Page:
Slideshow image

Dear People-in-waiting,  

We are indeed waiting. In this time of Advent waiting…  some of us are waiting for a vaccine. Some of us are waiting to be reunited with family after way too long of being separated. Some of us might be waiting for life to become somewhat normal again, though we’re not exactly sure what that will look like. And some of us are just waiting for it to be OVER. Imagine…  if we took all that waiting energy and put it towards our Advent waiting for the Coming. Imagine! What might that look like?  

This is an Advent like no other any of us have known. This year we might be far closer to the experience of Mary and Joseph as we wait in our own time for the unfolding pandemic to reveal itself. Like them, we’re not sure what the coming weeks will bring – will we be able to see family over Christmas or will that be impossible? Will we have to face personal loss to the Pandemic, or will we and our loved ones safely weather this unpredictable and wild storm? Where will we find comfort and joy this year? How do we prepare ourselves for the weeks ahead? What do we need in order to confidently sink deeply into the Advent time of waiting? What do we want from these four weeks that await us? What are your answers to these questions?

Perhaps you’d be willing to join with me in promising yourself and those you love – this Advent will lead into a true Christmas of the heart if you/I/we have anything to do with it. What would that look like? This could be the year that we embrace the paradox of Advent.  

In the liturgical directions for Advent, the colour is Violet or Blue. Why? Violet is the colour of penitence and atonement. In times past, Advent was sometimes referred to as the Little Lent. And doesn’t that make sense! Think of people preparing for the arrival of a new baby… perhaps a room once used as an office or a sewing room will now be converted into a nursery – things have to go to make room. This can be our spiritual metaphor for emptying ourselves out or releasing burdens that preoccupy our minds and weigh on our lives. So this aspect of Advent is a sombre time, a time for inward focus and prayer, for pondering what holds us back and then releasing that to God. Clearly this experience of Advent is not in sync with the world where the celebration has already begun. In contrast, we are not yet putting up our Christmas decorations or setting out the full crèche scene at the church. We are still waiting!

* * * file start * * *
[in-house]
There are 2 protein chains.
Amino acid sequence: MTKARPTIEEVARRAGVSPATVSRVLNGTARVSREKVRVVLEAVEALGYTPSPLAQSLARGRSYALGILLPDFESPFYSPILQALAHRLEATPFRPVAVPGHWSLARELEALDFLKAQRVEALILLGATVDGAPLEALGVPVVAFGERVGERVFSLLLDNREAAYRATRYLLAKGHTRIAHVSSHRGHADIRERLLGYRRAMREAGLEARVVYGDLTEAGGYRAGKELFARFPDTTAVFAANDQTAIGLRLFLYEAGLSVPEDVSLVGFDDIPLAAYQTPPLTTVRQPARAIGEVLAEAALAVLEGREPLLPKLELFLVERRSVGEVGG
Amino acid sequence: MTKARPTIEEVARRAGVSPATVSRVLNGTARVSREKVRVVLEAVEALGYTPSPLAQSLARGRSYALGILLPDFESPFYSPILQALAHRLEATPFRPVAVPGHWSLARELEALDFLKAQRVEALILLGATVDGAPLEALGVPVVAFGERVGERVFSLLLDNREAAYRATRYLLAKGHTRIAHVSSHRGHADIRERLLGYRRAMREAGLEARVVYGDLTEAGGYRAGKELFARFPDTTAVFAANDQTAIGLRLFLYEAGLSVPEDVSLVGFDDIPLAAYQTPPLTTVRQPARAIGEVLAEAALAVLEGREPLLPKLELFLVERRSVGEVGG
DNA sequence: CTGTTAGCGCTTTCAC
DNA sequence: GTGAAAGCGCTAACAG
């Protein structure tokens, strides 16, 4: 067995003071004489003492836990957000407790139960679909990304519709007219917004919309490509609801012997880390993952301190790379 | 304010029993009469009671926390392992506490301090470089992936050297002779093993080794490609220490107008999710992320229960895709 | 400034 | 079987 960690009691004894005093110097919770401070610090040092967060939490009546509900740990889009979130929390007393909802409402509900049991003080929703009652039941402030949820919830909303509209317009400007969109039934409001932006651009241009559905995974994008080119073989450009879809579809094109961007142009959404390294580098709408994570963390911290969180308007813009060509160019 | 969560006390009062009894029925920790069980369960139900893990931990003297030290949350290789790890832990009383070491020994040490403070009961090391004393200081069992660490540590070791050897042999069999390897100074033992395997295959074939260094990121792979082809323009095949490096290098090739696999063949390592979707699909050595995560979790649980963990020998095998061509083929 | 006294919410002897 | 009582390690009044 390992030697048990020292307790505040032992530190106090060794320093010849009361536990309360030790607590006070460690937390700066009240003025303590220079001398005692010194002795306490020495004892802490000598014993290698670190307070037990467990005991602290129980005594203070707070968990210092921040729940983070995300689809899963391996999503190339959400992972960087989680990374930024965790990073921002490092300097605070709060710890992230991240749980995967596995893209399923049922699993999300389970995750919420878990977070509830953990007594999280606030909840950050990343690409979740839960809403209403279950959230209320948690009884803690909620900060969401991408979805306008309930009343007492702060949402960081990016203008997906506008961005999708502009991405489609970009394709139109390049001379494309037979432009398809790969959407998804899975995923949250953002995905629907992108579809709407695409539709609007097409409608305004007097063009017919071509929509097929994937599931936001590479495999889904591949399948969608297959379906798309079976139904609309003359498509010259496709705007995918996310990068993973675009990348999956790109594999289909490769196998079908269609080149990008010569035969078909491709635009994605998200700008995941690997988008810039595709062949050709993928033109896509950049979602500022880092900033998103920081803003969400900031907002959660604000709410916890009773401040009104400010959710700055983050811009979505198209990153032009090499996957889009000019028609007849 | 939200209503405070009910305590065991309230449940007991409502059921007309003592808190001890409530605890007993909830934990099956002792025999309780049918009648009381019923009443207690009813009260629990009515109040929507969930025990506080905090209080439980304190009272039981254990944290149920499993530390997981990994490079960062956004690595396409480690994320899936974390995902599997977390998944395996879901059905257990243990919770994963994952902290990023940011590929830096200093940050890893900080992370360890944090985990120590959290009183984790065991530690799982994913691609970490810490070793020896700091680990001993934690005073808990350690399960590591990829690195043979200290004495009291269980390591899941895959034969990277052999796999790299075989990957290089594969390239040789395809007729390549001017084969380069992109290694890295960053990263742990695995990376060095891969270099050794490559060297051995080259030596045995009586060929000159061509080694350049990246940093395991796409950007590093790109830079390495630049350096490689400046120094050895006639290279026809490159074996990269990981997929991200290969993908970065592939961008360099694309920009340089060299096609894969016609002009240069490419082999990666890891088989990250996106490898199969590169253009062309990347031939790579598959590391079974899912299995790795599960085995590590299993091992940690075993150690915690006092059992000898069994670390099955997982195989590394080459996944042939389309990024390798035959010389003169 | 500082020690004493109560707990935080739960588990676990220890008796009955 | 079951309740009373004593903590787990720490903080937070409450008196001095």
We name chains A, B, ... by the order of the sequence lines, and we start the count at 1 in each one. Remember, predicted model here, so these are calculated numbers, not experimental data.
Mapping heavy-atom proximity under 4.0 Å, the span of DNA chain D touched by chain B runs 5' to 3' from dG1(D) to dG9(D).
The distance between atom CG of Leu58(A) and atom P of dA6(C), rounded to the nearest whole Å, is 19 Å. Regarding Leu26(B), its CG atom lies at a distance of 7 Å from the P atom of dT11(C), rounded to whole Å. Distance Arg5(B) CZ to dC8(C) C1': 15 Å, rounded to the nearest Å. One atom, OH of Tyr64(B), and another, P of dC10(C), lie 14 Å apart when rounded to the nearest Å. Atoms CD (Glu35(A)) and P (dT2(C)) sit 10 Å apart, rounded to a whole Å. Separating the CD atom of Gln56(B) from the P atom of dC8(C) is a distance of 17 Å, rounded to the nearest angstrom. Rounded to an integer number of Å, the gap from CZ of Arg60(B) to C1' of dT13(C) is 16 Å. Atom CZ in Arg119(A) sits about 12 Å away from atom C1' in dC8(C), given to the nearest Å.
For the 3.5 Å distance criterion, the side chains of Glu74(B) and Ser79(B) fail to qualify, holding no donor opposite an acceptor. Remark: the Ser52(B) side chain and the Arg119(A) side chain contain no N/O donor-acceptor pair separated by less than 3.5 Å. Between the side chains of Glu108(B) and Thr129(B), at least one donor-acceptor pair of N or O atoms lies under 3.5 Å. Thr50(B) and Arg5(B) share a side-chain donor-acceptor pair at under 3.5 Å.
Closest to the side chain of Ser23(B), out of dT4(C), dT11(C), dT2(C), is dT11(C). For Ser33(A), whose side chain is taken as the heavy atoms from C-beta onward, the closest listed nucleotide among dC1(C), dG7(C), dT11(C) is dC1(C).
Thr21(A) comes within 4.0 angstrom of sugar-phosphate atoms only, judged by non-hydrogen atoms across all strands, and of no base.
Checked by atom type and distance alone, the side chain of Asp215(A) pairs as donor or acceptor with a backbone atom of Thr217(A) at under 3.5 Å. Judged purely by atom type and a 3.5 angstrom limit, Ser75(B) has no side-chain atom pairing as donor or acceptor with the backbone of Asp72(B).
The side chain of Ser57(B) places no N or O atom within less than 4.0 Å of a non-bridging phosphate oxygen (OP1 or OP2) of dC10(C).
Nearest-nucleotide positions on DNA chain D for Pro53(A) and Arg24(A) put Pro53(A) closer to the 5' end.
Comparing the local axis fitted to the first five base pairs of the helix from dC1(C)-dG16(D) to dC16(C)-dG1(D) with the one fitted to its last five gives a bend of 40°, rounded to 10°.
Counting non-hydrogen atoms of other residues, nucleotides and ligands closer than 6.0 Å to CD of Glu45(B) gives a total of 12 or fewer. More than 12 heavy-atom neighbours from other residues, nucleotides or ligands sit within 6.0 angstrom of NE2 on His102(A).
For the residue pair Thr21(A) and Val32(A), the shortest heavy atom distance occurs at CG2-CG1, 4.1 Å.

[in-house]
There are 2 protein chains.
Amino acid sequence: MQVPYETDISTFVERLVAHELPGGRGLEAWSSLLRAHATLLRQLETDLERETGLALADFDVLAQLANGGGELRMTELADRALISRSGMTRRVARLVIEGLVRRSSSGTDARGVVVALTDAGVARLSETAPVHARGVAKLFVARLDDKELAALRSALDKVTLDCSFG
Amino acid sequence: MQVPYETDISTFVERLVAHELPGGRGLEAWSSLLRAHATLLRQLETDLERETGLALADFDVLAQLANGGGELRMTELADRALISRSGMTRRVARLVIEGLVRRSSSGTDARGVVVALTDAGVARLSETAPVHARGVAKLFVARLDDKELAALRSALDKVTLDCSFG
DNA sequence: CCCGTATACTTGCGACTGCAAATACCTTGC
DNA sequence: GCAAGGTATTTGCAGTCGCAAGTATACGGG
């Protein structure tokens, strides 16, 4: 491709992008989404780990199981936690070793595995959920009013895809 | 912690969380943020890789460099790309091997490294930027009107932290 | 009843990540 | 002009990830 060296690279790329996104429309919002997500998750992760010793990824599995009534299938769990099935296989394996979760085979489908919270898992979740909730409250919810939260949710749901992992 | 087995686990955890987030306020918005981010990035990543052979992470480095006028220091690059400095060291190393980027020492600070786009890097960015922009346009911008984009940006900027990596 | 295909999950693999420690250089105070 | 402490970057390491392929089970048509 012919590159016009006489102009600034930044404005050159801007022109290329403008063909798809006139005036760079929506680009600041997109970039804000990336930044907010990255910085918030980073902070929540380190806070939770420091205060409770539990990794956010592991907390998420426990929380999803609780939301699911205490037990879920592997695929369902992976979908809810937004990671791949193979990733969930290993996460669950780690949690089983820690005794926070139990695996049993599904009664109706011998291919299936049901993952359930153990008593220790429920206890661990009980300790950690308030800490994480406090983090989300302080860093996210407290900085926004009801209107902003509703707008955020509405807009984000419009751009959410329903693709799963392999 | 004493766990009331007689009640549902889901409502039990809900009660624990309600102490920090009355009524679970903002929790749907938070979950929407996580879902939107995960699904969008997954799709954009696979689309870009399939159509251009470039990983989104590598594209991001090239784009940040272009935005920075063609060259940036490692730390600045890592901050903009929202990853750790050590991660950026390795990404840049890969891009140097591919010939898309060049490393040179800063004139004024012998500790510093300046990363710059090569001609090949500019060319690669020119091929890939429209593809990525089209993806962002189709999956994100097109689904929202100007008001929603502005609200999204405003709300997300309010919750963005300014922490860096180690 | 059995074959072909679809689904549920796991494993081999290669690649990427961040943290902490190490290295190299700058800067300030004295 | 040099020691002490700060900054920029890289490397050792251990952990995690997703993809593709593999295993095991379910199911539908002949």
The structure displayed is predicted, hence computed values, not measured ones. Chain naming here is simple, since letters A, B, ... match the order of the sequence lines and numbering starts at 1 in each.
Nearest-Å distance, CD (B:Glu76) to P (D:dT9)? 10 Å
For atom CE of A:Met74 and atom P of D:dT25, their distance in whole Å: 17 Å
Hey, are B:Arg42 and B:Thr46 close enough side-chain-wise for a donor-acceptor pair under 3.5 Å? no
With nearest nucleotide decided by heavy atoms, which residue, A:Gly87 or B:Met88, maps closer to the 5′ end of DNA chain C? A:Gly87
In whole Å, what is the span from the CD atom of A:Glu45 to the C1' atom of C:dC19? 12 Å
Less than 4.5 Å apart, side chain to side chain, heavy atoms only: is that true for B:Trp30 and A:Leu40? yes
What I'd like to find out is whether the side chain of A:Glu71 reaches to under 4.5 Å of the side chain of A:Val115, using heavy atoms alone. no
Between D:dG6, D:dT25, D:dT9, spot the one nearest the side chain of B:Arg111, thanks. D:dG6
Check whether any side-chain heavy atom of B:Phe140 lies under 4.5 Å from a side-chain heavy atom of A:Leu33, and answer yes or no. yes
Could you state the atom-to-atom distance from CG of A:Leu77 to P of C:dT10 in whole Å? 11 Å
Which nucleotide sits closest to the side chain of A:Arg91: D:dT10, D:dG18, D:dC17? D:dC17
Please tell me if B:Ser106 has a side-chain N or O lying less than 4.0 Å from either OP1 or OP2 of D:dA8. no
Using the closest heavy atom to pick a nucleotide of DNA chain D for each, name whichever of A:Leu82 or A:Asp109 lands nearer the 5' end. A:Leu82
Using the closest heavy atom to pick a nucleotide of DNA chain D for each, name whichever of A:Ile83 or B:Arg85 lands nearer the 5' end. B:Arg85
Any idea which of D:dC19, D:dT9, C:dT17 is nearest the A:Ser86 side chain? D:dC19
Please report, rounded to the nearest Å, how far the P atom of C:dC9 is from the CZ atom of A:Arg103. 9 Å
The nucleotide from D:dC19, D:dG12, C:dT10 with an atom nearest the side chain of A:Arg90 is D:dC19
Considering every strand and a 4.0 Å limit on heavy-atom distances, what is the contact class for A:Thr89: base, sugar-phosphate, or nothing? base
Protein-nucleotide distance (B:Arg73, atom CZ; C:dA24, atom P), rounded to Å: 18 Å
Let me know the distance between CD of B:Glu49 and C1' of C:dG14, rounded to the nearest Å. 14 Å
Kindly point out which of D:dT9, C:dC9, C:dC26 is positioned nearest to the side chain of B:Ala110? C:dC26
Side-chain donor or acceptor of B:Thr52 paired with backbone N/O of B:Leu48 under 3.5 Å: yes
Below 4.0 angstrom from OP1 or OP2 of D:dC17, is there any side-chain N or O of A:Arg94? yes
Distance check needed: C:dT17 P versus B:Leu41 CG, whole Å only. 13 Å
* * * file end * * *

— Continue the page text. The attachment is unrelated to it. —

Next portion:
And blue? Blue is the colour of Mary. It’s even called Mary Blue by authorities on the ancient stained-glass windows in the cathedrals of Europe. Traditionally it’s known as the colour of Mary’s cloak. A lovely aspect of that is found in the relic housed at Our Lady of Chartres in France. All of the other cathedrals have relics of a saint’s death – a finger, a lock of hair, a splinter of the cross... But Chartres has a piece of the blue cloak Mary was said to be using at the time she gave birth. Sounds like a fantastic story BUT a tiny corner was removed and carbon-dated – it indeed dates from the beginning of the 1st century CE. A relic devoted to birth and life! And so the blue part of Advent invites us into a spirit of anticipation and delight as we look forward to the long-awaited birth. In this aspect of Advent, we prepare by readying ourselves to greet our Emmanuel. We open our hearts and minds to this radical truth – the Light of the World, the Prince of Peace, the God of Love, returns to us as a wee baby every year, born to the poorest of the poor, the marginalized, the soon to be refugees…  

In these two contrasting aspects, we teach ourselves to embrace paradox, transformation, a new way of being in the world. As Isaiah proclaims, “How beautiful are the feet of him who bringeth good tidings of peace!” (Isa 52:7) We are now called, in preparation for the birth of Jesus, to bring good tidings of peace, of joy, of holiness to the world. How blessed are we to be such messengers!  

May this Advent and Christmas be a rich and holy time for you, deepened by the restrictions we live within. And may you find rich ways to embrace the paradox of penitence and celebration, of releasing the old and embracing the new and yet to come.  

If you would like to make a special love contribution to our ministry and mission in this community of the faithful, an envelope has been included for your convenience.  

I wish you every blessing of the Advent journey and of the Christmas celebration to follow. May you live in that peace brought to us by the Prince of Peace. May it shine within you to brighten your days and pour out from you to bless the world around you. May the love of Christ bring you great joy!    

Rev. Gyllian Davies, Incumbent    

Please join us online at and click on “e-Church” to go to our online Advent Services each week.   On December 24th, 5pm, we will offer an online service of Lessons and Carols for sing-along!  

Anglican Parish of Salt Spring Island
110 Park Drive
Salt Spring Island BC V8K 2R7
T. 250-537-2171 (answering machine)
E. [email protected]  

Cheques may be mailed to the above address or dropped off in the mail chute at All Saints by-the-Sea (lower level, left of the door)